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Old Mar 13, 2007, 4:59 PM   #1
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Hi all again,

What is the difference between Nikon D40 and Nikon D40x?

Is D40x 's resolution 10.2 meg?

Price for40D is ~ 599 compared to759 for40Dx. If D40x 's resolution is truly 10.2 meg, I think it does bang for the buck.

How about a combination of D40X with Nikkor 18-200mm f/3.5-5.6G ED-IF AF-S DX VR II?

Should the picture be similar to D200 with the same lense? Since both have the same resolution...

What is your opinion?

Sincerely thanks for your opinion!

Long
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Old Mar 13, 2007, 6:39 PM   #2
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problem with d40's is that there is no af motor. you have to buy a lens with af motor in the lens so that reduces lensupgrades to very few lenses and hardly any third party lenses.
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Old Mar 16, 2007, 9:28 AM   #3
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i'd alsobe interested to hear some opinions on this matter. the only one that i've really seen so far come ken rockwell - who says the 6mp to 10mp is insignificant. i understand that the overwhelming factor in getting good pictures is knowing how to use the camera, but... will the 10 mp look better (especially when printing very large pictures)?? Is the difference significant/insignificant/nonexistent?
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Old Mar 16, 2007, 3:28 PM   #4
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I use a 6MP DSLR (a KM 5D) which has always seemed to have plenty of detail in it's images for me. I haven't compared it to a 10MP DSLR but I would not have thought that for normal use that the difference would be significant, except when cropping significantly or creating large prints. You also have to factor the lens into the resolution equation. A good high resolution lens on the 6MP camera may out resolve the 10MP camera with a low resolution lens.

Where the 6MP DSLR wins hands down is in image noise. The 6MP sensor used in these cameras is an excellent performer, with little in the way of noticeable noise untl iso800+ and even then it is low. The 10MP sensor used definitely has a lot more noise at high iso and doesn't even bother going to iso3200 becuse of that (unlike the 6MP cameras).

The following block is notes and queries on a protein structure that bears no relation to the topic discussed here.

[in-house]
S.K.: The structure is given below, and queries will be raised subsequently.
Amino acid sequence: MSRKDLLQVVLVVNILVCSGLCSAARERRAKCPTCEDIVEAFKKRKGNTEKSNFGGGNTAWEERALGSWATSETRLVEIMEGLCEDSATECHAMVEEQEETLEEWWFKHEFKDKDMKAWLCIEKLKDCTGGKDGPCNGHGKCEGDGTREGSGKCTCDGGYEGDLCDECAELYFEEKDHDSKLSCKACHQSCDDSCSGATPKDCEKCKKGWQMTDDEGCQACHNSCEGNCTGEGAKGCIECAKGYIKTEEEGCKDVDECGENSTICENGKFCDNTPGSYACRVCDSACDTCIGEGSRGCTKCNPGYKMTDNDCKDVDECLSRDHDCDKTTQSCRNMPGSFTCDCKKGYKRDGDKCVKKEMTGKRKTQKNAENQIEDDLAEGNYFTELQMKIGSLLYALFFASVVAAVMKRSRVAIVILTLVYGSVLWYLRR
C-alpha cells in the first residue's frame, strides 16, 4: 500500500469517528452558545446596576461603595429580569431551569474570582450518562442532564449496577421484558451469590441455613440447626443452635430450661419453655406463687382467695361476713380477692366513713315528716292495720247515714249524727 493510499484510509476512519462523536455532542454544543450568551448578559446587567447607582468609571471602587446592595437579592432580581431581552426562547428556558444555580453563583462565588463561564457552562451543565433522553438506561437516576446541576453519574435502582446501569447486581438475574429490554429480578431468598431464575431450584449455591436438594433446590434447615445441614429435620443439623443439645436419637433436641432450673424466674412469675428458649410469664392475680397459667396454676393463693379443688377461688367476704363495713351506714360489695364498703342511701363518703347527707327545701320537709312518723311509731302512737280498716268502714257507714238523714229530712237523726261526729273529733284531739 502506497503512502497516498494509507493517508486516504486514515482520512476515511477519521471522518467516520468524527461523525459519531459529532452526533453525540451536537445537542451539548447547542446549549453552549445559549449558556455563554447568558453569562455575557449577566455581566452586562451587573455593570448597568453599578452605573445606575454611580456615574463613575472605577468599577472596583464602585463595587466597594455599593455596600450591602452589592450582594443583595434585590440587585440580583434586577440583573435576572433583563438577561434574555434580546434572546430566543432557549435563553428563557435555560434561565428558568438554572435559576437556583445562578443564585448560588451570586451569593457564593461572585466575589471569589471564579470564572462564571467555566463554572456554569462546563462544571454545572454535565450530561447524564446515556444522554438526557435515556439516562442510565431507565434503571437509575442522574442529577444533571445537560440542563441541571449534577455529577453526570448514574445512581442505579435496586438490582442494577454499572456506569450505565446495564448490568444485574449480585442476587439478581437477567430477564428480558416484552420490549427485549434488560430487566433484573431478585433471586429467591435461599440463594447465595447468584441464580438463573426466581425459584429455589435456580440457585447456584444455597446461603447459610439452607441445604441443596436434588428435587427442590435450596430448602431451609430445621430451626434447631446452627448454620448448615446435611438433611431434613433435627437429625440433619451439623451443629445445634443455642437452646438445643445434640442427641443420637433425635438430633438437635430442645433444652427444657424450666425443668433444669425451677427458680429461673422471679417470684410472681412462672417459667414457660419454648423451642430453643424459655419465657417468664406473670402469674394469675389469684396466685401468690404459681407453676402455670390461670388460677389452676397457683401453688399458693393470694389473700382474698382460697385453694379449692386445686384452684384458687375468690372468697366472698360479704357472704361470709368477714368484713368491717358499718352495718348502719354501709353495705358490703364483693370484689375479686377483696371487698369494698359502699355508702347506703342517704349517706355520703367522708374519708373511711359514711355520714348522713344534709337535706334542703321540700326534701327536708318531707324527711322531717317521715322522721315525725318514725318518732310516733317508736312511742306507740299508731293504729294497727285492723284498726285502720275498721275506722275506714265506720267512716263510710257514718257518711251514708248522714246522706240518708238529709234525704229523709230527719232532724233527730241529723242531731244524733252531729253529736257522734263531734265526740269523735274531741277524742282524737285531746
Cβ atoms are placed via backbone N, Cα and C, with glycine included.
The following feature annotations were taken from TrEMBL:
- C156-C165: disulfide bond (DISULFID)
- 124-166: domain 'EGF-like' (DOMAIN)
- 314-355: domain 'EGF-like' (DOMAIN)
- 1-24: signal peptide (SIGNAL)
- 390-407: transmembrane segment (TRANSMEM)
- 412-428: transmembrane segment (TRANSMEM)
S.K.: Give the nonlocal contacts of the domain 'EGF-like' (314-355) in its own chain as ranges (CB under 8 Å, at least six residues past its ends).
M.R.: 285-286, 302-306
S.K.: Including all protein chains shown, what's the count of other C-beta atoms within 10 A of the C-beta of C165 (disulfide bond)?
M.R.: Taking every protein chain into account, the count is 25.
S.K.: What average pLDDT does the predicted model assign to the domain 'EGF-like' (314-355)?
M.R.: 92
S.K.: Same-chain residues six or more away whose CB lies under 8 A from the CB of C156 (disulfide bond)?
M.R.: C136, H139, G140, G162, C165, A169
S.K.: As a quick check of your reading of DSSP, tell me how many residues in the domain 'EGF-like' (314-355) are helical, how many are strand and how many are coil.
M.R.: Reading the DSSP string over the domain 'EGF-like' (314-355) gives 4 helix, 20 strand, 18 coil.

The comment about the D40's not being able to use lenses unless they are equipped with an in-lens motor is very relevant, unless you only intend to buy new lenses. You miss out on a vast number of older lenses from second hand sources that are cheap and usually very good performers.

I would look at something like the Pentax K100D if going for a 6MP camera or the Sony A100 for 10MP or perhaps Pentax K10D.
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Old Mar 16, 2007, 4:28 PM   #5
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On the 6 vs 10 topic - I own both the PentaxK10 (10 mp)and the K100 (6 mp). It all depends on what you do with your camera and pictures as to whether the extra mp are important or not. I've printed 8 x 10 pictures from the K100 that are excellent, so if your main purpose is to print that size or smaller, I don't think you gain much by going with 10 mp. To back that up with a rather extreme example, I posted some full frame pictures taken with the two cameras and resized to fit here. I can't tell without looking at the exif data which is which. You can see a difference with the 100% crops, but it isn't as much of a difference as you might think. I've never actually tried to print bigger than 8 x 10, so don't know the point where the 10 mp will give you an advantage.